What is quality? One thing for sure, it’s never an accident. Rather, it’s the result of an intelligent effort. It is an attitude and it impacts cost. Without quality management, construction defects and their costs of correction become part of the cost spiral.
For example, not properly controlling the welding work of the boiler or piping could lead to major problems – problems that may require costly weld cut-outs, re-welding and re-stress relieving, or sometimes problems that won’t manifest themselves until years after the welders have gone away.
There is a cost associated with this lack of control. Literature is full of examples where poor quality results in costly remediation. There are statistics which suggest that twenty percent of a contractor’s gross sales are needed to cover the cost of poor quality. That’s the equivalent of one day out of every five days worked! Put another way, it’s $78 million out of the $360 million construction costs we’re discussing. Yet most contractors believe it’s only five percent of their gross sales. And even if it really were only five percent, that’s still a whopping amount of money. Based on our example in this paper, that’s equal to $18,000,000.
So what are some steps being taken to reduce this? Owners are starting to insist that each job, no matter its size, be executed within a formal quality management process. They are requiring that contractors interested in working on these large projects have programs with formal plans spelling out how quality will be achieved and feedback loops that delve into the causes of problems resulting in a prevention of their recurrence.
Historically, site purchasing can also equate to twenty percent or more of the total site costs. With numbers reaching this magnitude, site purchasing is an area that can be proactively managed.
There are many different ways to approach site purchasing and each one has its own plusses and minuses. For example, some large companies use their size to gain discounts due to corporate quantity purchasing. Local companies use their community presence to solicit expediency for critical support, and companies with a purchaser alliance partnership use it to leverage price with a promise of future business opportunities.
Most company procedures today still require the typical vendor selection process to follow a “three quotes and select the lowest bidder” scenario. Since this is exactly what often drives the relationship to be adversarial, some contractors now are using an alternate approach. They use the bidding process only for identifying and pre-qualifying suppliers. Then, they select one supplier and work with this supplier to maximize value creation for both parties, as opposed to reducing costs through squeezing margins.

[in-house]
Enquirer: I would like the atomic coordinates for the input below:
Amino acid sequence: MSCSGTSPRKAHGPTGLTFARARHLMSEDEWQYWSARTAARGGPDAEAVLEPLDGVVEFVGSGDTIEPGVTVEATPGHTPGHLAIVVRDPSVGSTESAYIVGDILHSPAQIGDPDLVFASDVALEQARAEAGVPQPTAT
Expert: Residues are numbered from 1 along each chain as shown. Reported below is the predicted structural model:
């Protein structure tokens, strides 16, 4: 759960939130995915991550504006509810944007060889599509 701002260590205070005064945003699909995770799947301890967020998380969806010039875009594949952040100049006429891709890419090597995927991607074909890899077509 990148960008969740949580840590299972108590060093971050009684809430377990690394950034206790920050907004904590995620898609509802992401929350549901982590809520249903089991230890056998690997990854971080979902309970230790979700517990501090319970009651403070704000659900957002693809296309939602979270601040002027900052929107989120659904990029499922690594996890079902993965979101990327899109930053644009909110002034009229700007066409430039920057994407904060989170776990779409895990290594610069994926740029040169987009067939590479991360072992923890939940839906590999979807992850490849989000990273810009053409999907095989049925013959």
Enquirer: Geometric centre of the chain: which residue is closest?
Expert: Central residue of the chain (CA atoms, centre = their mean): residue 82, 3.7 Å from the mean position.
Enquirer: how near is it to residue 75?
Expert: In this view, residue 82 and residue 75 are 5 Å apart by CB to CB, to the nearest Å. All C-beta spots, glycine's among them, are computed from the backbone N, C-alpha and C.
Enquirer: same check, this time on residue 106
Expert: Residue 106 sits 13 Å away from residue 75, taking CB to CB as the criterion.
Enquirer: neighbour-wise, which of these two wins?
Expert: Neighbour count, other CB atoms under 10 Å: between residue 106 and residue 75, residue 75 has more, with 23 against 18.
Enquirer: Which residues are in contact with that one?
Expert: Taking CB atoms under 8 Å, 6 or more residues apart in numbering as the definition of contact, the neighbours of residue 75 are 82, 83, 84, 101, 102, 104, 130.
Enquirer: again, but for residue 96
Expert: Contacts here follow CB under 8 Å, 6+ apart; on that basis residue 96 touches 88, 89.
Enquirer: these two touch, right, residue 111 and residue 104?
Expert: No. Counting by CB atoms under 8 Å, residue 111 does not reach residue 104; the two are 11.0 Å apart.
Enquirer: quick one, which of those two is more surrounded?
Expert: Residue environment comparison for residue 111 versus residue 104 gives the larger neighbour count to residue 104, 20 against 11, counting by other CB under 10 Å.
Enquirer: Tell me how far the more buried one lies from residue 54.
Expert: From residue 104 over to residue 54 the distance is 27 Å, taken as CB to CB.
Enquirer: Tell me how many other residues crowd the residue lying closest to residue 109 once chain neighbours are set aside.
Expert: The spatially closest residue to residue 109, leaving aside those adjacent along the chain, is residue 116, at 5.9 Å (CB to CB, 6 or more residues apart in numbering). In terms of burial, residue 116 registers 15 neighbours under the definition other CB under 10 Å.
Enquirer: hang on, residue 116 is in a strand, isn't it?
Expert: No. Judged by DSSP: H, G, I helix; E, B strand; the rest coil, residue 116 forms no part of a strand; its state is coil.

Let’s assume for the example in this paper that the site purchases all of the small tools and consumables. This generally comprises around fifteen percent of the site budget, in this case almost $54 million. If one could reduce this cost by 15 percent, there’d be another $8,000,000 to save. Some larger contractors are starting to see this kind of savings and are aligning themselves with suppliers to be used on a multitude of projects.
Small Tools, Consumables, and Heavy Equipment
In addition to the $54 million dollars of small tools and consumables that comprise a $360 million construction project, there’s also an equal amount frequently associated with the heavy equipment costs. Unfortunately, many contractors and owners do not pay attention to this cost the way they pay attention to the labor element of the construction work. However, this is a combined $108 million that when well managed, can be ripe for significant savings. One owner found a 10 percent savings just by including a management person with the responsibility to cull out duplicate items, wasted down time and idle cranes. In this example, that can add up to almost $11 million in cost avoidance.
Over the past two decades, not much heavy equipment has been manufactured. With the onslaught of new infrastructure projects, worldwide, there is now a dearth of heavy equipment. Couple that with the age of the equipment that is available, and throw in the shortage of equipment manufacturing facilities, and suddenly there is another serious cost impact to building new power plants.